The Activist In Me
I am not an activist. I say this because I do not take part in any sort of “activist” activity at the moment, nor have I ever had any inclination to do so. While I’ve always loved Gandhi’s message, “Be the change you wish to see in the world”, my main mode of change has always been to arm myself with information and make conscious educated decisions that first do no harm. After that, I determine what I think is best and live my life according to that belief. My naive expectation is that everyone will do the same and the world will then do exactly what I want because everyone is always thinking about how they can best please me. I kid, I know that’s a naive assumption but I do not have the emotional energy or tolerance to make other people change, even if it is for the better.
Not having enough emotional energy or tolerance is the main reason I am not an activist but there is another determining factor. I believe that if something is broken, it should be fixed post haste so that we can all move on. I am a fixer. And, to me, a lot of what passes for activism today is talking ad nauseum about X issue and ignoring the fact that, while talking is good, it rarely effects change in any measurable fashion.
If I am unhappy with something, I fix it, I change it, to the best of my ability, and then move on, secure in the knowledge that the old way has been subsumed by a new and better way. I may complain while I am in the midst of forcing a change but that is different than just complaining. And that is what a lot of activism amounts to today; seeing something that you see as an injustice and then complaining about it to anyone who will listen. We all listen to those people who stop you on the street to talk to you about deforestation, right? WRONG. No one listens to them, we simply ignore them and go about our lives and NOTHING CHANGES BECAUSE EVERYONE IS STILL ATTEMPTING TO DISCUSS THE ISSUE.
At some point, you have to stop and think, is endless complaining making anything better? And in case you’re not sure of the answer, the answer is ALWAYS no. Endless complaining is annoying as all get out and makes people more likely to ignore you.
It’s no wonder that if endless complaining results in being ignored that change rarely happens from talking. No, change happens when YOU change. If you’re worried about deforestation, only buy things made out of Forest Stewardship Council certified or reclaimed wood. If you’re worried about pesticides, only buy organic, from sources that you have personally researched (I cannot stress this part enough) to make sure that they live up to your ideals. There are so many actions that you, personally, can take. There is no excuse for endless talk and no action.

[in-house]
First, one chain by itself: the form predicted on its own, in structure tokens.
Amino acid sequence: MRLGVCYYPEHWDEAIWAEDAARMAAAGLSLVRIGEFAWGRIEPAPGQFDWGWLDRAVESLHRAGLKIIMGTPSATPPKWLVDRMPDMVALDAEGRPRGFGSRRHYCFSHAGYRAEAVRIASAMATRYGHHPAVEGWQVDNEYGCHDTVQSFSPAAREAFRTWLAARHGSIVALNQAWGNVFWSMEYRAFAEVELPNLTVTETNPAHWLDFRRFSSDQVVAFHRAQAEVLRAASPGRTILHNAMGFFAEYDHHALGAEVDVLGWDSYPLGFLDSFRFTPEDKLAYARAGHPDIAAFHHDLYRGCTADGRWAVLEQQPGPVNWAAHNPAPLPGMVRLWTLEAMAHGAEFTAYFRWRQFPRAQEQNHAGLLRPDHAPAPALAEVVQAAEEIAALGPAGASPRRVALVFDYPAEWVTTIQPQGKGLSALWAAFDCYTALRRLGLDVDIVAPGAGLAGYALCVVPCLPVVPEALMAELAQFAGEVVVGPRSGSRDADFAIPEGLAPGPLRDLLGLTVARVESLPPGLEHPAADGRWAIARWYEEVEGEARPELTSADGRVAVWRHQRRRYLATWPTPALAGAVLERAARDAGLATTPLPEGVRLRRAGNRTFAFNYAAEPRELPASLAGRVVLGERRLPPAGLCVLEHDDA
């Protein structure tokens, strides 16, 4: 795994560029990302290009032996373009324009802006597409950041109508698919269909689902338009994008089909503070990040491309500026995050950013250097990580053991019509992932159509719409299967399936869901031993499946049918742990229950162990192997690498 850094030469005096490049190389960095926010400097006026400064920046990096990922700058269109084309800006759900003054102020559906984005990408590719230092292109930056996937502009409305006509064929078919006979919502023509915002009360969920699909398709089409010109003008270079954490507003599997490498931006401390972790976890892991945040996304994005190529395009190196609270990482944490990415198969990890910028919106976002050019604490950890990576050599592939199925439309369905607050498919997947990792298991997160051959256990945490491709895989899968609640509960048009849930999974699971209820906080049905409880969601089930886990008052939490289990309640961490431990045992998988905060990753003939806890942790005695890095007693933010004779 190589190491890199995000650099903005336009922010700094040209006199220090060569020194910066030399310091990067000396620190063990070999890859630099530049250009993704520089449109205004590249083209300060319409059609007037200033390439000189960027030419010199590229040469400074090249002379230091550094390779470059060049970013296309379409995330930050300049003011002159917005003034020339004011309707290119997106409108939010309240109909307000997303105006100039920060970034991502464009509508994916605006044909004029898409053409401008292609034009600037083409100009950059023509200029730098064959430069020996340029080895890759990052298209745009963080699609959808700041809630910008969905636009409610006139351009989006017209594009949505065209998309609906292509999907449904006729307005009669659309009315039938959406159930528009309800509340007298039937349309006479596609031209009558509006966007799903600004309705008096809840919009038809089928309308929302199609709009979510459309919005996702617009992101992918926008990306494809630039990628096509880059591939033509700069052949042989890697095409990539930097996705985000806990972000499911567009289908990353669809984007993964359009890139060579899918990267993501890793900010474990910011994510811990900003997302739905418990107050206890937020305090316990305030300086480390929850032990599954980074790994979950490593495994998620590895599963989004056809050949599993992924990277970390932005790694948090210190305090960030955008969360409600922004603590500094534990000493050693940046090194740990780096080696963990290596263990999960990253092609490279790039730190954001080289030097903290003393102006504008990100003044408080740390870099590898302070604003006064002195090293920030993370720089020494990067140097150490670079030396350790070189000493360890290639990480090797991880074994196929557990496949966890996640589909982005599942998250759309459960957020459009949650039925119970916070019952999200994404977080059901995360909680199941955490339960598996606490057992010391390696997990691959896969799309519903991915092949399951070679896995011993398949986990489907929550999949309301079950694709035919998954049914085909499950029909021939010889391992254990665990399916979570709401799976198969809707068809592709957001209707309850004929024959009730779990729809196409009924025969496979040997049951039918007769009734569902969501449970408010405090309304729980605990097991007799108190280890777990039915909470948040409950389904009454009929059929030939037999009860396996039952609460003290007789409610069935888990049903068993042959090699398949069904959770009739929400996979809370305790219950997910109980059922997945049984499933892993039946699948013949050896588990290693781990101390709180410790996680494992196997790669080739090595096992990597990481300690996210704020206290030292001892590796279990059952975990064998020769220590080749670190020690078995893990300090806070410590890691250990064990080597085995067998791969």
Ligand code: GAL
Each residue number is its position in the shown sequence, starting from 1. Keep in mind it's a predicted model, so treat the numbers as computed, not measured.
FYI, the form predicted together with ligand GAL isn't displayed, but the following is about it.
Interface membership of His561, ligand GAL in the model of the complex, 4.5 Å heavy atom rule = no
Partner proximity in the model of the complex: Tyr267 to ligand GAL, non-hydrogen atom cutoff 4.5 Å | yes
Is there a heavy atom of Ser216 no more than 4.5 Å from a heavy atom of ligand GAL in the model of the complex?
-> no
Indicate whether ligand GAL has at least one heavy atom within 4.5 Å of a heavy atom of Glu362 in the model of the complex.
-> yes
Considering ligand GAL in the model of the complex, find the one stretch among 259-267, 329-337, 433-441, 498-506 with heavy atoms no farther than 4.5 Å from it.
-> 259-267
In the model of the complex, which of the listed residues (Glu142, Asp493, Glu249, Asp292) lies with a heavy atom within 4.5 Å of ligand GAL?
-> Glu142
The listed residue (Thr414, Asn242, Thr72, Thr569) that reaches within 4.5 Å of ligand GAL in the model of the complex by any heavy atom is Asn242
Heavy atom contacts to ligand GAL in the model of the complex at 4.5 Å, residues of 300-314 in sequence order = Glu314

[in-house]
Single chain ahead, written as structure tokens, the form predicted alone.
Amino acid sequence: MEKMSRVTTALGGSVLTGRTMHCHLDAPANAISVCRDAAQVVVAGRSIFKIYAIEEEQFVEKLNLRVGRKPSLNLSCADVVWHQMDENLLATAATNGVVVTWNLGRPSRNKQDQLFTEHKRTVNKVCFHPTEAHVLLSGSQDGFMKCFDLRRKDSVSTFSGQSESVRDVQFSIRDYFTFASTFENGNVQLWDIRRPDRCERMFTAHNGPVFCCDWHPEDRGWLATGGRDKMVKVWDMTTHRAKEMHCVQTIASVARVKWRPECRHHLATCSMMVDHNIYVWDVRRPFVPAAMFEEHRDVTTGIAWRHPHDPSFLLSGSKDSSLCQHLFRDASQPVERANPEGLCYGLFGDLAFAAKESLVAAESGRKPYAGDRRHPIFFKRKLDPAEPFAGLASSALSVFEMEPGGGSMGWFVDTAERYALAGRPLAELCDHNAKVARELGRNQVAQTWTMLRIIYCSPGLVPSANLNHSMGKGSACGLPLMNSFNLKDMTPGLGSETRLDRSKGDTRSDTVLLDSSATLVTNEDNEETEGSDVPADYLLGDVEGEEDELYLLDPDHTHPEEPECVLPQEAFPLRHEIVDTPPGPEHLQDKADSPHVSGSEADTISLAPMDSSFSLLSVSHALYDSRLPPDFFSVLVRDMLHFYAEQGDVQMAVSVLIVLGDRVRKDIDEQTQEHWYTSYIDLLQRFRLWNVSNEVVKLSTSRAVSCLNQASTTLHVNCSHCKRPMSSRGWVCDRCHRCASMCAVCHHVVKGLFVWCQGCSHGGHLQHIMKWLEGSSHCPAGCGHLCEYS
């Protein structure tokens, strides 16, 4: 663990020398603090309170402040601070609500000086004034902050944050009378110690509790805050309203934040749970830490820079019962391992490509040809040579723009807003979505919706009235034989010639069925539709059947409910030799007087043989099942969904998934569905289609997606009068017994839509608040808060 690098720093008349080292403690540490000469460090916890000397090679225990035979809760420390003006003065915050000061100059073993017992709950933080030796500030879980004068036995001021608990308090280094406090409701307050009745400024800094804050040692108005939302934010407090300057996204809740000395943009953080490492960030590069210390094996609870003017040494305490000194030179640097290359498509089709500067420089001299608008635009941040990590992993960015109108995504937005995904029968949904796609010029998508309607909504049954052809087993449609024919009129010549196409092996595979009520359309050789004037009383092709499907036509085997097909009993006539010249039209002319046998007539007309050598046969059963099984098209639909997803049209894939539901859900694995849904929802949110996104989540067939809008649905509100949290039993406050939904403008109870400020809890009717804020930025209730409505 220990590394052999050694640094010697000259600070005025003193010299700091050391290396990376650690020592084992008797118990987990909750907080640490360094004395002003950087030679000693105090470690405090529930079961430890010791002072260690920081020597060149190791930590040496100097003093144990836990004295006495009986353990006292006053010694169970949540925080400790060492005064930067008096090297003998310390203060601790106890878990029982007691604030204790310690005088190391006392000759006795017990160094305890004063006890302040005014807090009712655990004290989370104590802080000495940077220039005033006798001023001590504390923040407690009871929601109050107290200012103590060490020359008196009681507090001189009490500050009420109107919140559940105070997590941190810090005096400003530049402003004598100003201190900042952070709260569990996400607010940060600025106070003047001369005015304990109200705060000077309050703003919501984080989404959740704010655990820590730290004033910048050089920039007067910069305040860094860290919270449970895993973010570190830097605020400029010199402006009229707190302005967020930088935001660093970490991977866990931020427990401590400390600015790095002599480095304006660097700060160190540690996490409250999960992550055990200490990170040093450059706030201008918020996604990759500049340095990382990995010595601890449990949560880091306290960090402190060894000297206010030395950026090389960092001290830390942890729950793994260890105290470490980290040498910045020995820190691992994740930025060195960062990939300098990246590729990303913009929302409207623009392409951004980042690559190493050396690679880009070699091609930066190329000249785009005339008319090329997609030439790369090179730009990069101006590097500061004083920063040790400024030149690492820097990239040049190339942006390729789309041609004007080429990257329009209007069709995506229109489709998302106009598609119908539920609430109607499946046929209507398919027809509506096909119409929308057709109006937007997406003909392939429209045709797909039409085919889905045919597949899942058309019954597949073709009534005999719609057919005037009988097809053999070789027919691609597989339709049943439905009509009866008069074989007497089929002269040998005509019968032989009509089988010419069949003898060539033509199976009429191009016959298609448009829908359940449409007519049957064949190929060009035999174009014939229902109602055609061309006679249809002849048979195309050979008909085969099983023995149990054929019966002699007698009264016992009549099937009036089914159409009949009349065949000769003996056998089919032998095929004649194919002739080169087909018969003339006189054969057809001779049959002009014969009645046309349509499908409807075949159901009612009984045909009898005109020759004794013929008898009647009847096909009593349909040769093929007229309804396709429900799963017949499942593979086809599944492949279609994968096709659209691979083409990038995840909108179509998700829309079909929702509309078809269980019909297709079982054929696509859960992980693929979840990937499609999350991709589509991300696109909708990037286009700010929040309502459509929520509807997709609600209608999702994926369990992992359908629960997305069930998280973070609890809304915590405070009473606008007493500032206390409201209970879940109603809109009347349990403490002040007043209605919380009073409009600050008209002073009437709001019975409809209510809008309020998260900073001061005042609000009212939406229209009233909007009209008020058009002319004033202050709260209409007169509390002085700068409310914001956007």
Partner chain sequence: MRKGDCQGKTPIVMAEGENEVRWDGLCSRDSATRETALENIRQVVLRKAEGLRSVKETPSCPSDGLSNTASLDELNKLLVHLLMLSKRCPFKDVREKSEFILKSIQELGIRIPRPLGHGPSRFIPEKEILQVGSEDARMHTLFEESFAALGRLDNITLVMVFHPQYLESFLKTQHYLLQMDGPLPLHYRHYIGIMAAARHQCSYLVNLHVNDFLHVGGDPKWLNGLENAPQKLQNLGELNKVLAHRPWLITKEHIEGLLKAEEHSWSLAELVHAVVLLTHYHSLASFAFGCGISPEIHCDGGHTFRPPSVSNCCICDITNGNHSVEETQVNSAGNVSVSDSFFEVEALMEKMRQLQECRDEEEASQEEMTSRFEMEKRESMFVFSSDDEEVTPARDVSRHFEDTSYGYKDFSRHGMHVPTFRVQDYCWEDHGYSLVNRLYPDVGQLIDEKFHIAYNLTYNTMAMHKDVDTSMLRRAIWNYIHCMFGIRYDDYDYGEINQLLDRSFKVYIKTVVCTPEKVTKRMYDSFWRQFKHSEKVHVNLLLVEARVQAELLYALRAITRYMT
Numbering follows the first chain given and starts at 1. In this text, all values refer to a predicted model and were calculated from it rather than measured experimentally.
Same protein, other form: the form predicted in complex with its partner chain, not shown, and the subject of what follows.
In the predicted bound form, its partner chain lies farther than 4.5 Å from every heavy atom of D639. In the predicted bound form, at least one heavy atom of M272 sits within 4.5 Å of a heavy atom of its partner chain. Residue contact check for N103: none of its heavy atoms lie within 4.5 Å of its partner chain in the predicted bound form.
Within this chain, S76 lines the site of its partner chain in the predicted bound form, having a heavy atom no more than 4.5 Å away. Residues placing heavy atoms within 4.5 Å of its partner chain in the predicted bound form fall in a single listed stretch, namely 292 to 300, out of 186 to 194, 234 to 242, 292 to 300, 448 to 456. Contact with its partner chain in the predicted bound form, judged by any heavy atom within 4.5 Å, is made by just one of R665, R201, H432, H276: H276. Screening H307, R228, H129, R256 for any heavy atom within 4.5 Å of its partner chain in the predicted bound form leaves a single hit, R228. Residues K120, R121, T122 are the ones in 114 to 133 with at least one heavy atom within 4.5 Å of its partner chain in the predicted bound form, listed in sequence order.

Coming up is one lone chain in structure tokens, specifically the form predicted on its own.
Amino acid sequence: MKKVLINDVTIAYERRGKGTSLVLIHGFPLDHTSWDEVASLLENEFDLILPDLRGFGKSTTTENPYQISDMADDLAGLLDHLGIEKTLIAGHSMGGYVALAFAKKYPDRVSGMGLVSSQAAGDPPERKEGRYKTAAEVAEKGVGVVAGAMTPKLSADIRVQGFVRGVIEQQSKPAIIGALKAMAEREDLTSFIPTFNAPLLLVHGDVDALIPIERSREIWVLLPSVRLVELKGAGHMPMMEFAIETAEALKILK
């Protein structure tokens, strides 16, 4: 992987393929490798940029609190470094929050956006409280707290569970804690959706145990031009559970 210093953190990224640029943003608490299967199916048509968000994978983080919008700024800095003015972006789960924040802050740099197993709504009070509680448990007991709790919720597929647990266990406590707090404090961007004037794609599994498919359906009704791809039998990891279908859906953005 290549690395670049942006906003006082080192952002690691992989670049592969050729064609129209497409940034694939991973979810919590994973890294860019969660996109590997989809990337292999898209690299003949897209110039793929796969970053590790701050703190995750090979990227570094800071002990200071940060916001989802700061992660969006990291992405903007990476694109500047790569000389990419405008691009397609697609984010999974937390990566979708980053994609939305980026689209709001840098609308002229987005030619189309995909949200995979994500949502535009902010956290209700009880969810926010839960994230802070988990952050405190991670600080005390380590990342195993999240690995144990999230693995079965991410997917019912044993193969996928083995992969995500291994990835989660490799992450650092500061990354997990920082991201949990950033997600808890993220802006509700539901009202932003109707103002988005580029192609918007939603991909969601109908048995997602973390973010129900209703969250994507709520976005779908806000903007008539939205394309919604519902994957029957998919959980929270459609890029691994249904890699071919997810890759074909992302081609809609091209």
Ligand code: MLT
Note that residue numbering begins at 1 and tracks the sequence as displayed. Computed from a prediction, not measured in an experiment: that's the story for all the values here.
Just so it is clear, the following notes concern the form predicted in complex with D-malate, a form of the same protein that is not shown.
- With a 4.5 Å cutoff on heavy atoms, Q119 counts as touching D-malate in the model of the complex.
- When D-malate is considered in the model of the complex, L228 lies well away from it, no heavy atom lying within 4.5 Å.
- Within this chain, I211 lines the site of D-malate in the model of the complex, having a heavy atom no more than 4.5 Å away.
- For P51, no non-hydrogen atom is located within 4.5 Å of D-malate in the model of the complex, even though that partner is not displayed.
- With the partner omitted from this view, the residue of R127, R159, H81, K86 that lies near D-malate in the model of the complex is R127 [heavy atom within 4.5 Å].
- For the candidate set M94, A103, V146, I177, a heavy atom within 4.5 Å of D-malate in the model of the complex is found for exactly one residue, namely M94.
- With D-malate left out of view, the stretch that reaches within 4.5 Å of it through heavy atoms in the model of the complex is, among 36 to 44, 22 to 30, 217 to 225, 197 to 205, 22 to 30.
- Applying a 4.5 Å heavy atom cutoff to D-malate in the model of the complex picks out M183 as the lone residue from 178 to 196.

I myself have rather strong feelings about the health of our planet. As a result, I have modified my buying habits to only support companies which I have personally vetted to determine if they live up to my (high) expectations. While it’s not always feasible to do this, things like cost can get in the way, I can proudly say that 95% of the companies I buy from live up to my ideals regarding how I believe our planet should be treated. Whether it’s from a production company or an organization like Out of the Closet that resells used stuff (instead of putting it in the landfill) I make conscious purchasing choices. This means that I am largely only supporting companies that not only believe our earth is valuable and needs to be protected but that also take that ethos and apply it to their business models and their own lives. It’s a model that bears a remarkable resemblance to a boycott. Rather than frame it in the negative and give companies I loathe any sort of publicity (even bad publicity is still publicity) I choose to simply find, research and ultimately buy from companies that I believe make changes in how the fundamental structure of our culture works. If someone asks me about my chosen companies, I will happily evangelize and what people notice is that I am not just buying from companies that effect change, I buy from companies that effect change through their business practices and make a great, long lasting product (I told you I had high standards. I figure if I’m going to pay for something, I might as well pay a little bit more and get everything I want in the bargain.)
Ok, maybe what I was really trying to say at the beginning of this post is that I want the definition of activist to be refashioned because I am an activist in the sense that I actively effect change when making personal choices. So let’s stop talking about the issues and start living the issues.
Make your choices count. Tell me in the comments what you do to make the world change for the better.